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Hovercraft Instrumentation

At the request of Julian and Dave, here’s a post on what your ‘Friday’ started – Dave!

I’m an engineer and not much of a writer so here goes 🙂  I’m involved with a charity called Hoveraid.  I help them out with practical stuff like when they’re out with the ‘craft doing demonstrations at public events in the UK. Here’s a short video and you’ll see why they captured my imagination.

They do great work in enabling other agencies to bring relief and aid to those who live in areas that are ‘unreachable’ by conventional transport – have a read of their site – there’s some great work going on!

So I was chatting to Andy about my Fridge controller and he asked if I could help him with a project for the hovercraft (craft).  These craft are essentially very simple, agricultural machines (and that’s one reason that they do so well deployed in the field). The instrumentation is simple too with the minimum of gauges etc. But when things go wrong, there can be no warning.  For example, Andy told me that it would be very useful to be able to monitor the temperatures of the bearings of each of the fans – the River Rover has 3 fans – 2 for thrust and one for lift ad they each have 2 bearings. Well, I said, I can measure temperature!  And so the project was born.

A project like this is only possible when things come together!  First there was Hoveraid’s need and I know I could build a system that would measure temperature.  I know also that I’d need to display it and the River Rover dashboard lends itself to the use of 7in screens – conveniently available!  Now, I could have used a simple controller like and Arduino but that meant running wires the length of the craft so decided to use an ESP8266 – after all its wifi, more ram and more power than an Arduino anyway.

At the display end I was looking for a robust solution that would be somewhat resistant to the  dust and humidity of Madagasacar – or anywhere else in the world.  I initially thought of using a PI as a hotspot to collect the MQTT’d temperature data and display it using node-red and node-red dashboard but as it turned out the PI was an unreliable hotspot – I couldn’t connect more than one of my ESP8266s to it whereas they would all connect to any other routers.

And then it was Friday and Dave CJ posted this on the Node-Red Google group.  So I tried it on my phone and it worked.  I now had the display and router solution.  With my phone configured as a wifi hotspot, and with an MQTT broker and node-red running on it, I saw the potential of having a robust display which gave me a 2-component but very expandable system with the potential of multiple modules all over the craft supplying data via MQTT to node-red and its dashboard. (Pete Scargill has a few great articles on node-red and other matters – well worth a read).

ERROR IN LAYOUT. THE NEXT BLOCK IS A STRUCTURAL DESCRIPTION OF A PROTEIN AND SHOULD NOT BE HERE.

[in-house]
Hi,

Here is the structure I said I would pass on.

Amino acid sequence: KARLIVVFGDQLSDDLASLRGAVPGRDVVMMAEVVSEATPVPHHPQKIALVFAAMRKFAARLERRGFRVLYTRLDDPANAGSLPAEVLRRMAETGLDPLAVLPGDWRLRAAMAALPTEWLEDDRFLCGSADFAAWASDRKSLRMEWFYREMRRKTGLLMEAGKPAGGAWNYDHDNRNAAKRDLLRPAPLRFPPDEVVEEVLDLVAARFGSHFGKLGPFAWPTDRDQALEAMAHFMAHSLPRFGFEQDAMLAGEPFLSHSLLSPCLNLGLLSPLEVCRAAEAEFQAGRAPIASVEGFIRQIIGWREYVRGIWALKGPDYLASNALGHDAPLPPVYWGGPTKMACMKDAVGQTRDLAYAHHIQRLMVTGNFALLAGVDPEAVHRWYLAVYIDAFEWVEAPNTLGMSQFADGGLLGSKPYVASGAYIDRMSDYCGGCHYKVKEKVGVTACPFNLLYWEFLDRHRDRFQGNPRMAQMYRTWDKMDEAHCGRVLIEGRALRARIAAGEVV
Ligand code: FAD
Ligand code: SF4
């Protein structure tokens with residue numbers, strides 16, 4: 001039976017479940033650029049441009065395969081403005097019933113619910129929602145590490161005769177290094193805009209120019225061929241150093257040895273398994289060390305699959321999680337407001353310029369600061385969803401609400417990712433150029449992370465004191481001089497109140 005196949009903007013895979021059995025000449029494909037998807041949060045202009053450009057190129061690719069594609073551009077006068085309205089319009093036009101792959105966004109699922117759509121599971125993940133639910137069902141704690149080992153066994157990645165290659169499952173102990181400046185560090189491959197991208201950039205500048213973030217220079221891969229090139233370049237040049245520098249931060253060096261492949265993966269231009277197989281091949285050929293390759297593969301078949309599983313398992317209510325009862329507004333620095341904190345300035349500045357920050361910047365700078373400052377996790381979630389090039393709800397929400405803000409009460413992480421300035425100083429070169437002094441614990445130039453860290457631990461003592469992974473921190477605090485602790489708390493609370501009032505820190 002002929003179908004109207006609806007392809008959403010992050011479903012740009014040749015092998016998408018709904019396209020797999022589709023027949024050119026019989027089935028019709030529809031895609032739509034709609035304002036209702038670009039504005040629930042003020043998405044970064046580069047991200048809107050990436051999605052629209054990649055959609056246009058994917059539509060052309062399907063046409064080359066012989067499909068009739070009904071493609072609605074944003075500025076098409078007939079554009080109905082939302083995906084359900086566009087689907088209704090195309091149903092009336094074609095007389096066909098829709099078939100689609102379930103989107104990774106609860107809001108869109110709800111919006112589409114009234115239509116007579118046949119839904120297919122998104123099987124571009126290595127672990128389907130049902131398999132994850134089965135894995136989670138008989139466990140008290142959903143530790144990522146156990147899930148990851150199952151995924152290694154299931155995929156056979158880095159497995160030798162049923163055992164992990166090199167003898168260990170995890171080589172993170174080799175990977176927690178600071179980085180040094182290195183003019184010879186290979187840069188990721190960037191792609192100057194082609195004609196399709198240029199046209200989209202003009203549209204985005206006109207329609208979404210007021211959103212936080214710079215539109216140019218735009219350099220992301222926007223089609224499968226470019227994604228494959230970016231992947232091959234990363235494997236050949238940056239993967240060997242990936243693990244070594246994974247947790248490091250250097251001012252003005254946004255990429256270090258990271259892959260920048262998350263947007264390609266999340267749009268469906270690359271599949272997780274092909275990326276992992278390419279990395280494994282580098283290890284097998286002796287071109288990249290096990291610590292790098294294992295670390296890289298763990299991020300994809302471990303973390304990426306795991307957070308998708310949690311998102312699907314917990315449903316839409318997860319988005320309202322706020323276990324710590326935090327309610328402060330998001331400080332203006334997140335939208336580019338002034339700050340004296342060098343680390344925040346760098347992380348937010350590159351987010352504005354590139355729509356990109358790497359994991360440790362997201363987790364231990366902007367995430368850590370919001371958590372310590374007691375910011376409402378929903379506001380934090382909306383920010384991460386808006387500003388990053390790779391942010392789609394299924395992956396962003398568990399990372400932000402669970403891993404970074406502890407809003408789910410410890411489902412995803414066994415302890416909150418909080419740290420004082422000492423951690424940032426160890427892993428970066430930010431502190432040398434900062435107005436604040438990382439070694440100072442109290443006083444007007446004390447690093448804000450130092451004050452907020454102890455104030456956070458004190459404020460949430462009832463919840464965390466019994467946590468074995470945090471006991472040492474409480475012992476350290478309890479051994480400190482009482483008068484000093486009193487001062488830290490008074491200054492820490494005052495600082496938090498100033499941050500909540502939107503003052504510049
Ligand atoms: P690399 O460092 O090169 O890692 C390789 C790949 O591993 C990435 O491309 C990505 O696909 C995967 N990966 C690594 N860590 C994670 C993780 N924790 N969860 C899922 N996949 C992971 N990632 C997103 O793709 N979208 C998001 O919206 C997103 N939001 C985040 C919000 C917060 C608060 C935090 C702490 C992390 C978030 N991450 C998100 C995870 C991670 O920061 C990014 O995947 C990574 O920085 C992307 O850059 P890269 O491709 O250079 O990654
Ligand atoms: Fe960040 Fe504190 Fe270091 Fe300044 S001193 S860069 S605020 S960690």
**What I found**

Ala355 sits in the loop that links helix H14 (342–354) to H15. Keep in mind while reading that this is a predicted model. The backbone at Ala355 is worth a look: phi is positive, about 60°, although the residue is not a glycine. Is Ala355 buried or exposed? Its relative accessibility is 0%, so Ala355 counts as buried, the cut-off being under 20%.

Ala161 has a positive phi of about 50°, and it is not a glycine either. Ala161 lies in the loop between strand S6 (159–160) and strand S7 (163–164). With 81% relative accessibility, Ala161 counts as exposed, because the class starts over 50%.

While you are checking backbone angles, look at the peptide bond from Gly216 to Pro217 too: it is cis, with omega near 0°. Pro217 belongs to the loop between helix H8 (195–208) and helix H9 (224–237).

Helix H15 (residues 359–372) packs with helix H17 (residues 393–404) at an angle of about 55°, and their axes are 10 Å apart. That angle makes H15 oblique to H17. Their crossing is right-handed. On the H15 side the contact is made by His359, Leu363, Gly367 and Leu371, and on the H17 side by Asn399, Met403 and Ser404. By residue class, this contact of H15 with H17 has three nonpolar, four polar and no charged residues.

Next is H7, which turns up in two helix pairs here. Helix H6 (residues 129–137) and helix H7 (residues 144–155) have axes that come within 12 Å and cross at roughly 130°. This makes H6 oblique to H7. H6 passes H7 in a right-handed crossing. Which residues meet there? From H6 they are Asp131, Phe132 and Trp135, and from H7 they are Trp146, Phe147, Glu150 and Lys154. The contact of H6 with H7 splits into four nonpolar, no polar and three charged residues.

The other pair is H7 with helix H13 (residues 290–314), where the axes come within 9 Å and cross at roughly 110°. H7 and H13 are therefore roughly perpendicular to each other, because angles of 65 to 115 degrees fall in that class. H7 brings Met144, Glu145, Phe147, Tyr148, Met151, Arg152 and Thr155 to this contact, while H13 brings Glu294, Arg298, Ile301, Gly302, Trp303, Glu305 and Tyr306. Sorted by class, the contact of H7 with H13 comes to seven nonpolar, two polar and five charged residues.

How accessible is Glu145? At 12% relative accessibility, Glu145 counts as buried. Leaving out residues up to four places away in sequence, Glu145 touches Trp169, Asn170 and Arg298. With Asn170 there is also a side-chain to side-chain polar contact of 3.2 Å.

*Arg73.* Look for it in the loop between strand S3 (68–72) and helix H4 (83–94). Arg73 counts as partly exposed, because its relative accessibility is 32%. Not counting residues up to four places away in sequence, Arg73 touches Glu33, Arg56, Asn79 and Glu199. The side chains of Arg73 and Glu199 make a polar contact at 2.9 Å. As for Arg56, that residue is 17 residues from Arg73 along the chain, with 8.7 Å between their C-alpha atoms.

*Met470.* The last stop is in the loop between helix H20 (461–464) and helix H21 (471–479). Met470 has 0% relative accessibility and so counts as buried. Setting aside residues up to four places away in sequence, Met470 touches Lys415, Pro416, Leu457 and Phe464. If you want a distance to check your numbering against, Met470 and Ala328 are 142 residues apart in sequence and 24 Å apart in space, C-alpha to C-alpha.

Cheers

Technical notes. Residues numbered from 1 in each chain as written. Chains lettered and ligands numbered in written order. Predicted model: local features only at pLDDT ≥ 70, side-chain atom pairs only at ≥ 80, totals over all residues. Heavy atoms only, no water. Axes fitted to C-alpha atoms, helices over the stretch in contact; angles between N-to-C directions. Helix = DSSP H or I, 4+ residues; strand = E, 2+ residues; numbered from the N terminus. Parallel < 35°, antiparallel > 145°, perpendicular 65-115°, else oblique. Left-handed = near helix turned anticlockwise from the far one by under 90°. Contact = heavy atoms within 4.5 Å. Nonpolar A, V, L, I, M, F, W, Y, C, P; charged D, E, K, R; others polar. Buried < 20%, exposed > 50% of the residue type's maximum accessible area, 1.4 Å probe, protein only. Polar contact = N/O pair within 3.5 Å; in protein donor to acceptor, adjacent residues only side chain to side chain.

So after reading all that – here’s a nice video to remind you what its all about 🙂

 

The Tech Bits

This project is so simple its not true.  An ESP8266, a pullup resistor and as many DS18b20s as you need.  Add, Nick O’Leary’s pubsubclient for MQTT messaging to the DallasTemperature library and you have all the essentials.  I chose to poll the sensors (powered – not parasitic) every 2 seconds and publish each sensor’s data as an individual topic.  This makes for easy configuration (and made the most sense since I don’t have the Javascript skills to allow me to process the payloads in node-red).

So here’s the box.  (I’m just off to Screwfix to get a bigger one since I had to swap out my cheap Chinese power supply for a more robust potted one that is a bit bigger).

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The magic happens in node-red.

screenshot-from-2016-10-09-08-57-17

When the ESP system starts, it publishes a list of the sensor IDs to outTopic. This allows you to make a node for each sensor and assign a function to it.  Then you can assign the appropriate dashboard element to each temperature.  The function is a simple heartbeat that puts the current time into the payload every time a temperature is received. (Hint: it would be so nice for that to be an optional element in each dashboard item :))

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River Rover 7 in screen

I didn’t have a 7in tablet to test and deploy this on but one of the wonderful things about working with a charity is that some of our supporters use social media so Andy asked if anyone had an old Android 7in tablet. Then the next wonderful thing happened!  Within a matter of hours we had a new tablet!

With Andy CJ’s instructions and some hints from Peter’s blog comments I soon had an MQTT broker and node-red running (although I’m still having trouble getting it to start up as a Wifi hotspot and then to run node-red automatically). I use the default Android browser in kiosk mode – (ask Google :)) It works well!

So there you have it! Its a really simple, expandable system made possible by the contributions of so many.  Its impossible to mention everyone but I’m very grateful for your efforts in making this possible!

Of course, this isn’t the whole story.  This is only the prototype.  We are in the middle of putting a new engine into the Griffon 1500 – a much larger craft.

g1500-blackpool

This has a larger cockpit so I’m envisioning 10 in screens in here with all sorts of performance parameters. The new engine will have CAN so that will be another integration challenge.  This project is moving slowly as refurbishment is an expensive process and since we depend on donations and volunteer labour it moves forward as and when funds and people are available. We’re always looking for help so if you would like to be involved, take a look here and here 🙂

I’ll update this article and or write more shortly. Andy is taking the ‘system’ out to Madagascar in the next few weeks for field testing so I’ll let you know how it goes!